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Otakar Vávra

Otakar Vávra

Known For: Directing · Birthday: 1911-02-28

44 Movies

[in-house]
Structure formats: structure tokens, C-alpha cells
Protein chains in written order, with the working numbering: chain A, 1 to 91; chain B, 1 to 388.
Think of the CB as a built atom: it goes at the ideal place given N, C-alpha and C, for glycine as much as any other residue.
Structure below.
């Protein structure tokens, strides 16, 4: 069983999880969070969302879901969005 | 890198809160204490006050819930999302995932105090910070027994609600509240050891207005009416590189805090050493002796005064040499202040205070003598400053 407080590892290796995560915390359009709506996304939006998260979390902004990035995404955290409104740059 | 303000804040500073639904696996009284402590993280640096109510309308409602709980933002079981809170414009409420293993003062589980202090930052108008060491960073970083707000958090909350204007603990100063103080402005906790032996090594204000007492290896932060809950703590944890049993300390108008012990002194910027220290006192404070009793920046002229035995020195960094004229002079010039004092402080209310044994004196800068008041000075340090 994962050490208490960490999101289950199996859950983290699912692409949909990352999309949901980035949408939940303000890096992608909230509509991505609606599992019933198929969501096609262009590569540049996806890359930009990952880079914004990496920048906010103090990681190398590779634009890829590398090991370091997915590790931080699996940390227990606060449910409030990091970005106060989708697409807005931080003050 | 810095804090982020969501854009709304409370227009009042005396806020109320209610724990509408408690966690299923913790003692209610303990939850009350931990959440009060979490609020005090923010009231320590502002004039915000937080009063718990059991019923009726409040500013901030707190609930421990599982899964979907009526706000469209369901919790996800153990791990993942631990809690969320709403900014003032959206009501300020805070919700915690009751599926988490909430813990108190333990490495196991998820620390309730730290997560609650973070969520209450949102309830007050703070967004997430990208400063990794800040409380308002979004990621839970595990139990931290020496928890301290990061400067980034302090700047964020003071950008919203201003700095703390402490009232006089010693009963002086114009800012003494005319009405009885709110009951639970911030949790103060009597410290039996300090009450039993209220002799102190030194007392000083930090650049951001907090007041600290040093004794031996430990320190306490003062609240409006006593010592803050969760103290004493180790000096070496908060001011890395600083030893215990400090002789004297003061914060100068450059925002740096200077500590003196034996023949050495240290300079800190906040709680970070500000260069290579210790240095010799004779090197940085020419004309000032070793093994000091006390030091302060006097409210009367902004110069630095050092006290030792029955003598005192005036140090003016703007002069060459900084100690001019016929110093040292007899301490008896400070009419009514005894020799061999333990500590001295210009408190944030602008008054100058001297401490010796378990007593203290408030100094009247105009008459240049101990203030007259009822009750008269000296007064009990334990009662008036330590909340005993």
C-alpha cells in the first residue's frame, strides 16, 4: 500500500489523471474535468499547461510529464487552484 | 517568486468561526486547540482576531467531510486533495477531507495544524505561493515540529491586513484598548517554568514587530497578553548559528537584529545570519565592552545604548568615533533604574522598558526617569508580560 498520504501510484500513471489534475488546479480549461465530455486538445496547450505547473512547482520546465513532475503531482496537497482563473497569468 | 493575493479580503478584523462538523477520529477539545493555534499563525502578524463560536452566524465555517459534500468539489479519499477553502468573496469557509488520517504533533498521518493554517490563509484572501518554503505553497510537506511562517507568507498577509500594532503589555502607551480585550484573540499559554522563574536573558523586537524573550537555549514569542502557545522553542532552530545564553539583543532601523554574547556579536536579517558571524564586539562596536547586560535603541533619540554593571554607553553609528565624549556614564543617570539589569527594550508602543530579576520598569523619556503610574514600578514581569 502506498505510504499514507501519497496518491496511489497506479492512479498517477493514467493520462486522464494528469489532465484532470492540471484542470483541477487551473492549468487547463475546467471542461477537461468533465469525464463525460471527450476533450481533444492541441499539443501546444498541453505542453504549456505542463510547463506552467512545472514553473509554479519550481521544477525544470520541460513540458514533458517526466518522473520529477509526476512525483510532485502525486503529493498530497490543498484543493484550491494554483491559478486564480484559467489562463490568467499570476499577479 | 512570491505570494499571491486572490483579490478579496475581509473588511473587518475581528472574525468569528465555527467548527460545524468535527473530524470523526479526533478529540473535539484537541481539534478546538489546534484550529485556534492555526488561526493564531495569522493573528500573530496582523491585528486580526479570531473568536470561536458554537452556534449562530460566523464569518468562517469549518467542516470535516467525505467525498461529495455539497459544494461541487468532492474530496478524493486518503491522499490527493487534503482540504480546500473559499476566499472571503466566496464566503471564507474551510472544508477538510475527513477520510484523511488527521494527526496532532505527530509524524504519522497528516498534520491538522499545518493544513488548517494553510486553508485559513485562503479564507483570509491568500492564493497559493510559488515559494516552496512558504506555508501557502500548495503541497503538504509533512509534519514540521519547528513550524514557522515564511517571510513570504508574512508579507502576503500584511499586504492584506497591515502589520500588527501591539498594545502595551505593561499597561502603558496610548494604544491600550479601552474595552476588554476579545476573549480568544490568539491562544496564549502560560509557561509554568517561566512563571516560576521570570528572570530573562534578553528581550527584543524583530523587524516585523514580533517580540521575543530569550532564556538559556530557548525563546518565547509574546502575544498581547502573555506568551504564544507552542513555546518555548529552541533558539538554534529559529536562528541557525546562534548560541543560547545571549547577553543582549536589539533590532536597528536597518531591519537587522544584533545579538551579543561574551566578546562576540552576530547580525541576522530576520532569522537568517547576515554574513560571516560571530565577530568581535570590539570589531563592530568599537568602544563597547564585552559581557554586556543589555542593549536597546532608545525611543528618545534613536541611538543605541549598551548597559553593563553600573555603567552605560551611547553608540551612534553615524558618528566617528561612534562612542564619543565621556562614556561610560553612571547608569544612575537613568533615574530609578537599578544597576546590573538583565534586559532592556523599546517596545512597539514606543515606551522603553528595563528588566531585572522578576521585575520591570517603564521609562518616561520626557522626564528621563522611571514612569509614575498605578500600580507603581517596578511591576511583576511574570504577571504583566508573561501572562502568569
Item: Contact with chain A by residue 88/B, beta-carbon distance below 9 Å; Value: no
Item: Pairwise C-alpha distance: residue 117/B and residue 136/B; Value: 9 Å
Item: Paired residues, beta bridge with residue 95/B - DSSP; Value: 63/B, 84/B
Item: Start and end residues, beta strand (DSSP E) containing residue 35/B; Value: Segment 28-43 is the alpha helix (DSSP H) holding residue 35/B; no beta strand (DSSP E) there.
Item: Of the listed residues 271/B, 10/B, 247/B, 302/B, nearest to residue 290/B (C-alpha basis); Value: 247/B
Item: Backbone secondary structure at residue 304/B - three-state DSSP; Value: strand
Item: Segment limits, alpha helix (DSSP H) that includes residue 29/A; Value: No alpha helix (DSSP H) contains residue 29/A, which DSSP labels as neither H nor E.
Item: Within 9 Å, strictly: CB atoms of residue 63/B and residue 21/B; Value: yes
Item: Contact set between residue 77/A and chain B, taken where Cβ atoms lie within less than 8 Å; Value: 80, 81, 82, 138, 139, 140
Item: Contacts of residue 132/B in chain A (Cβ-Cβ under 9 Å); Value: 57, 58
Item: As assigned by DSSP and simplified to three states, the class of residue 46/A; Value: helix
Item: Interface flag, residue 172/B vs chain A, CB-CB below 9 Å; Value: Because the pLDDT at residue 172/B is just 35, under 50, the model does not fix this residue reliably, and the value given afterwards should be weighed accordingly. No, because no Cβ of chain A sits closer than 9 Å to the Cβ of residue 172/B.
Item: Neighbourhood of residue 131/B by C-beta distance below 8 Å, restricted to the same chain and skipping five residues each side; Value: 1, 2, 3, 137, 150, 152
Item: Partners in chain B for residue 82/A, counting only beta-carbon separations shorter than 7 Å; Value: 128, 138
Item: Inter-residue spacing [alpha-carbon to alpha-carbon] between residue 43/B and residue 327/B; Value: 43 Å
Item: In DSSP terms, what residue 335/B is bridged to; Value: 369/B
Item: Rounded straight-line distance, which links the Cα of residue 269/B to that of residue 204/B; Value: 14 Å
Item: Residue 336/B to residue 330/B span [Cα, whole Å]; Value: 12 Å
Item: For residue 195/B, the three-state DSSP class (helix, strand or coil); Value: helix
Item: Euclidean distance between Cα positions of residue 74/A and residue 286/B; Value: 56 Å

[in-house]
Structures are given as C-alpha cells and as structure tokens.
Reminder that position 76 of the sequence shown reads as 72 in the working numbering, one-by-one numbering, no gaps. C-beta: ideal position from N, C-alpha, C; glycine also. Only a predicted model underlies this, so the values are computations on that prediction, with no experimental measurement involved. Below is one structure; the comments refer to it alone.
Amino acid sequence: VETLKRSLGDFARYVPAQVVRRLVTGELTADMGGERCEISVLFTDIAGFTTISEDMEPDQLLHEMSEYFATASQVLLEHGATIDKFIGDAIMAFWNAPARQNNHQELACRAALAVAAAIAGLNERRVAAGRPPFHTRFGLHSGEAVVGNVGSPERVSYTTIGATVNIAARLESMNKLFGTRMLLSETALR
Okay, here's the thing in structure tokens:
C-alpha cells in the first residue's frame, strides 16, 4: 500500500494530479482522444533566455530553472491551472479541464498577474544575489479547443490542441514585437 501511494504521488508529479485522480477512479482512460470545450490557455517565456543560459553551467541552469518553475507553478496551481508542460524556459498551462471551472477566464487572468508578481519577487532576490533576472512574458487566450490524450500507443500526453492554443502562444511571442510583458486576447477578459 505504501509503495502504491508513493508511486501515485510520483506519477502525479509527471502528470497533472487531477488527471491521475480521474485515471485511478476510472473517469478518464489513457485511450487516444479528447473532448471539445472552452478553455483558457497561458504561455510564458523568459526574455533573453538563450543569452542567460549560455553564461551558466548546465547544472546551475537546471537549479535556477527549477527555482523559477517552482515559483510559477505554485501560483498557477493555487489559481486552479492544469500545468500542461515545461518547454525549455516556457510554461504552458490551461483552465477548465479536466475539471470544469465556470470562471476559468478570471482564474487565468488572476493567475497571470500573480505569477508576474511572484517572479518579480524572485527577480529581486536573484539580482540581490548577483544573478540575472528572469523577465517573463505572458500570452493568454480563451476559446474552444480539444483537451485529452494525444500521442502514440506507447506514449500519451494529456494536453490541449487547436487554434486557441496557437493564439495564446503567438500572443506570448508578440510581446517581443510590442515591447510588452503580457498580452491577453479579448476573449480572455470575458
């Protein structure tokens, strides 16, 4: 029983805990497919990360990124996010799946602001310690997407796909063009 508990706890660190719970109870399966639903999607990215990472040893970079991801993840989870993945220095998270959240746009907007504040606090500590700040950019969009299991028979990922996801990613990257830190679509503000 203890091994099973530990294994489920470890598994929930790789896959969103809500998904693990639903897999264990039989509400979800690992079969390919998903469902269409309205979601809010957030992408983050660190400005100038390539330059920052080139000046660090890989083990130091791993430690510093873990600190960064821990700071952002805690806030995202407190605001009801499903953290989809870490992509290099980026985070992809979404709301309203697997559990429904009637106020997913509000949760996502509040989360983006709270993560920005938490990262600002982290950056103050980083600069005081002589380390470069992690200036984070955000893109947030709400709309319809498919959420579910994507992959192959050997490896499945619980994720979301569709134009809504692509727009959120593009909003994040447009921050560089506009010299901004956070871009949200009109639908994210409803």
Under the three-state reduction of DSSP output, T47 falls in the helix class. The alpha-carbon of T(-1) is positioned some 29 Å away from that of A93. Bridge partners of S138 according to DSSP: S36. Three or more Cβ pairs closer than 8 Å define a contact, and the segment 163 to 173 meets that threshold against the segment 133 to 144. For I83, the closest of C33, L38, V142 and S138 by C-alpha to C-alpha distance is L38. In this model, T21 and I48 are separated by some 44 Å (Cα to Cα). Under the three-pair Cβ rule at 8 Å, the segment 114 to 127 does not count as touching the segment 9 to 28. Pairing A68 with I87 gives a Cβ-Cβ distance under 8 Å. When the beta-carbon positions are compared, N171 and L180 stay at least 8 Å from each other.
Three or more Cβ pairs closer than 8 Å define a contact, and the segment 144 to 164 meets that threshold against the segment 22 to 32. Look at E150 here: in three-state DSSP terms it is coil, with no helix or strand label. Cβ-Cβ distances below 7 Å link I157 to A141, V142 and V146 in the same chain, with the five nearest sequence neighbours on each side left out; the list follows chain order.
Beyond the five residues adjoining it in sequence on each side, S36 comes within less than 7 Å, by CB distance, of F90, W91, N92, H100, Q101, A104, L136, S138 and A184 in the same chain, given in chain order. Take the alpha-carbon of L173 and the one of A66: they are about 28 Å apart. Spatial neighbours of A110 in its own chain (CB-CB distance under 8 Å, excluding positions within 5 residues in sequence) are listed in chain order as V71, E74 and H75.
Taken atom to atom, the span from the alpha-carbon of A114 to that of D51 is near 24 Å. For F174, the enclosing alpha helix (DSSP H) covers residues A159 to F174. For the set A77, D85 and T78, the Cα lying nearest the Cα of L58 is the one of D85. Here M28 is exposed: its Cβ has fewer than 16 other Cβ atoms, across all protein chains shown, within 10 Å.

Vávra attended universities in Brno and Prague, where he studied architecture. During 1929–30, while still a student, he participated in the making of a handful of documentaries and wrote movie scripts. In 1931, he produced the experimental film Světlo proniká tmou. The first movie he directed was 1937's Panenství. His 1938 film The Merry Wives was praised in Variety for "first-rate direction, a salty yarn and elaborate production effort", even though it had undergone certain cuts because it was considered too "ribald" by American censors.Vávra was a member of the Communist Party from 1945 to 1989. After the Communists seized power in 1948, Vávra adapted quickly to the new political climate and produced films praising the current regime and supporting the new, official interpretation of the past. In the 1950s he filmed the "Hussite Trilogy", one of his most famous works, consisting of Jan Hus (1954), Jan Žižka (1955) and Against All (1957).In the 1960s, Vávra made his most celebrated films Zlatá reneta (1965), Romance for Bugle (1966) and Witchhammer (1969). Romance for Bugle was entered into the 5th Moscow International Film Festival where it won the Special Silver Prize.In the 1970s Vávra produced his "War Trilogy" consisting of semi-documentary movies Dny zrady, Sokolovo and Osvobození Prahy, all being heavily influenced by communist propaganda. The film Dny zrady (Days of Betrayal, 1973) was entered into the 8th Moscow International Film Festival where it won a Diploma. In 1979 he was a member of the jury at the 11th Moscow International Film Festival.Since the 1950s Vávra taught film direction at Film and TV School of the Academy of Performing Arts in Prague. Among his students were several directors of the "Czech New Wave".

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